In addition to the five-year NIH grant, the consortium has received funding from the Lewy Body Dementia Association to convene an annual meeting of investigators, the first of which was held in February 2017, to develop study protocols and promote data sharing, collaboration and discovery in DLB. GE Healthcare has also provided a grant to support the cost of dopamine imaging (DaTscan™) performed on study subjects.

First U.S. therapeutic trials for DLB underway

Investigators in Cleveland Clinic Lou Ruvo Center for Brain Health are excited to align our leadership in the national DLB Consortium with our participation in the first U.S. clinical trials designed to test investigational therapies for DLB. These studies are outlined below.


HEADWAY-DLB study of intepirdine (RVT-101). Intepirdine (RVT-101) is a small-molecule 5-HT6 receptor antagonist that has been shown to raise levels of acetylcholine. In January 2016, the phase 2 HEADWAY-DLB study began enrolling an anticipated 240 patients with DLB to compare six-month courses of intepirdine (35 or 70 mg orally once daily) or placebo for effect on the Clinician’s Interview-Based Impression of Change Plus Caregiver Input (CIBIC+) rating and performance on a computerized cognitive battery. Secondary end points include visual hallucinations and safety measures. The randomized, double-blind trial completed recruitment in April 2017 and is offering a six-month extension to completers.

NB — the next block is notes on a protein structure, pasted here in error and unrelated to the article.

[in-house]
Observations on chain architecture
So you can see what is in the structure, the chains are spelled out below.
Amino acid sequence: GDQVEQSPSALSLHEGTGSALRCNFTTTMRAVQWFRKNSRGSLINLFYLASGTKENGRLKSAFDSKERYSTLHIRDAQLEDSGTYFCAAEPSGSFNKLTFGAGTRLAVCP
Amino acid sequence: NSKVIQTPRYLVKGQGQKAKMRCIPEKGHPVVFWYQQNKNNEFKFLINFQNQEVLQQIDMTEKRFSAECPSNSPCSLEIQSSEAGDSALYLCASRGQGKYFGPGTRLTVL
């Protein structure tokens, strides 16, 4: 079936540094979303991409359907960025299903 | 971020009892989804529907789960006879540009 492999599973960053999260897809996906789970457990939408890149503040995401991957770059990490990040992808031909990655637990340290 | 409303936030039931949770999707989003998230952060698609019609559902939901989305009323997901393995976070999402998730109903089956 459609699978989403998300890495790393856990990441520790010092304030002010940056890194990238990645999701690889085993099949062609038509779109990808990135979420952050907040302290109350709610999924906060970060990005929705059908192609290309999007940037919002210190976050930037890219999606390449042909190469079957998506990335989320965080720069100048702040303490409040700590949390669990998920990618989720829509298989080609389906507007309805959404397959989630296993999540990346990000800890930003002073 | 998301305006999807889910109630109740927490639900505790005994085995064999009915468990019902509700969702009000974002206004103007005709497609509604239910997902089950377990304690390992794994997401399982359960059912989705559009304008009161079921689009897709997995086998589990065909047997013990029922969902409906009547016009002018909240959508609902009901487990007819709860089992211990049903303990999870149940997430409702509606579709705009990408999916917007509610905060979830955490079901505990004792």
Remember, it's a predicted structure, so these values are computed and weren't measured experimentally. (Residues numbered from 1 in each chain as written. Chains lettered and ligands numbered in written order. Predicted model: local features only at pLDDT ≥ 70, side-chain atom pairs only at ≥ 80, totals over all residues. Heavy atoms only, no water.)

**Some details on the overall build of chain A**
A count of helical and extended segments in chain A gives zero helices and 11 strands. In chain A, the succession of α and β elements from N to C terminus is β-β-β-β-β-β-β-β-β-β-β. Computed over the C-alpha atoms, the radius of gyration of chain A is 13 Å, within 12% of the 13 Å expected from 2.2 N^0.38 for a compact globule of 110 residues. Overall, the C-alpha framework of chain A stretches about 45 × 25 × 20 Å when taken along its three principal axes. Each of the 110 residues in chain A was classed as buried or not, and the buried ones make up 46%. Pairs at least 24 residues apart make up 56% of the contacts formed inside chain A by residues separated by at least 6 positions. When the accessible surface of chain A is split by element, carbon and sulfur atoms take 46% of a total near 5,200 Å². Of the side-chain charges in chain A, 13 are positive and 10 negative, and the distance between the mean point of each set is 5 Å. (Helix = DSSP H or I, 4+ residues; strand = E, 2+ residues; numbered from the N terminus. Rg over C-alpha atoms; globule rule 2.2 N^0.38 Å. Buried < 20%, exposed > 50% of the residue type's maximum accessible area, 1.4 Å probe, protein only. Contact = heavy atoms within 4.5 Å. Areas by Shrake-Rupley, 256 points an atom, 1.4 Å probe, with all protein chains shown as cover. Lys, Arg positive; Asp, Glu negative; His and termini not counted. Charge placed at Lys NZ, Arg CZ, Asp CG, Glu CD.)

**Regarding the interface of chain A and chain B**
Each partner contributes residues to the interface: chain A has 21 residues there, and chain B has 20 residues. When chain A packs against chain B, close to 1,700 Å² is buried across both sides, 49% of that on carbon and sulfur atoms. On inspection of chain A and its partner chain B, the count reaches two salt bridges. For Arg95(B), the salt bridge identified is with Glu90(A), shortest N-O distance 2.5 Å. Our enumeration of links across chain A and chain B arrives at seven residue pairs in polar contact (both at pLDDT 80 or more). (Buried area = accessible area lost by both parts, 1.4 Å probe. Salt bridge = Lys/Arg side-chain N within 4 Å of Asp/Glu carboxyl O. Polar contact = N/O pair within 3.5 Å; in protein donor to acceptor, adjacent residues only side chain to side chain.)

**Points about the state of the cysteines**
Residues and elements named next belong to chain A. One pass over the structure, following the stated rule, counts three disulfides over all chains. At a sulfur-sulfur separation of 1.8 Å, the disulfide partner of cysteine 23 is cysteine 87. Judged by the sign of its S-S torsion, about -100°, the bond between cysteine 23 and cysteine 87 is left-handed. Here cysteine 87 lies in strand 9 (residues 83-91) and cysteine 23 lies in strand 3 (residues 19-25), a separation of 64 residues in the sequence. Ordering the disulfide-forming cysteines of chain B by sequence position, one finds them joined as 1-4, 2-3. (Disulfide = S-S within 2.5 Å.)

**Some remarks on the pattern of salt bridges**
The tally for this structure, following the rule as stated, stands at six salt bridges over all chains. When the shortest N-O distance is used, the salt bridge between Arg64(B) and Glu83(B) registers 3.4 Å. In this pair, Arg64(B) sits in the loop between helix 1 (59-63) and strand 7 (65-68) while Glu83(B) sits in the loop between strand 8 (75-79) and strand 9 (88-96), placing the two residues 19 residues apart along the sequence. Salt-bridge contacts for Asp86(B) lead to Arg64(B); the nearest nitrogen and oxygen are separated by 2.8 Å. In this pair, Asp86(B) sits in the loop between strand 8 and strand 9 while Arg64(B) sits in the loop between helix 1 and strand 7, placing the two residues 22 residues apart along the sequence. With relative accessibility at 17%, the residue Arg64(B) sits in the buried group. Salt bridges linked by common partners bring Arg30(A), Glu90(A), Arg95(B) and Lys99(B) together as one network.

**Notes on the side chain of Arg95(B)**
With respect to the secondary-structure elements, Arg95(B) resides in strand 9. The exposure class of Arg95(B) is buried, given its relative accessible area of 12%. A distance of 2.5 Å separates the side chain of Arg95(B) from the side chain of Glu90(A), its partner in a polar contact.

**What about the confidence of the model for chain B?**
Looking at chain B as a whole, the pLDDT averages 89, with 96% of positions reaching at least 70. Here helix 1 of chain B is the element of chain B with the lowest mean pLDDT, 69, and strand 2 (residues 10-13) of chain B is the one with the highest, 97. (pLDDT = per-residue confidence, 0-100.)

Two studies of nelotanserin for DLB symptoms. Nelotanserin is a selective inverse agonist of the 5-HT2A receptor that has shown promise in calming neuropsychiatric disturbances seen with DLB, including visual hallucinations and sleep disturbances. It is now being investigated in two phase 2 randomized, double-blind, placebo-controlled studies focused on these symptoms.

One study, launched in late 2015, is using a crossover design to compare 28 days of nelotanserin 20 mg orally once daily with placebo among patients with Lewy body dementia who experience frequent visual hallucinations. Outcomes of interest are safety, extrapyramidal signs as assessed by the Unified Parkinson’s Disease Rating Scale motor subsection and change in the frequency and severity of visual hallucinations. Target enrollment of 30 participants was achieved in summer 2017, and completion is expected by the end of 2017.

The second study, launched in early 2016, is comparing 28 days of nelotanserin 20 mg orally once daily with placebo among an anticipated 60 subjects with DLB or PD dementia who have REM sleep behavior disorder. End points are safety and changes in the frequency and proportion of severe REM sleep behaviors based on clinical evaluation. Completion is expected by the end of 2017. Participation at our institution is being done in collaboration with colleagues in Cleveland Clinic’s Sleep Disorders Center.

With further guidance on disease markers expected from the ongoing NIH-funded DLB Consortium biomarker study, we are hopeful that these are just the first in a wave of DLB therapeutic studies in the years ahead.

Dr. Leverenz is Director of Cleveland Clinic Lou Ruvo Center for Brain Health, Cleveland, and principal investigator of the NIH grant for the DLB Consortium.

Dr. Tousi is Head of the Clinical Trials Program at Lou Ruvo Center for Brain Health, Cleveland.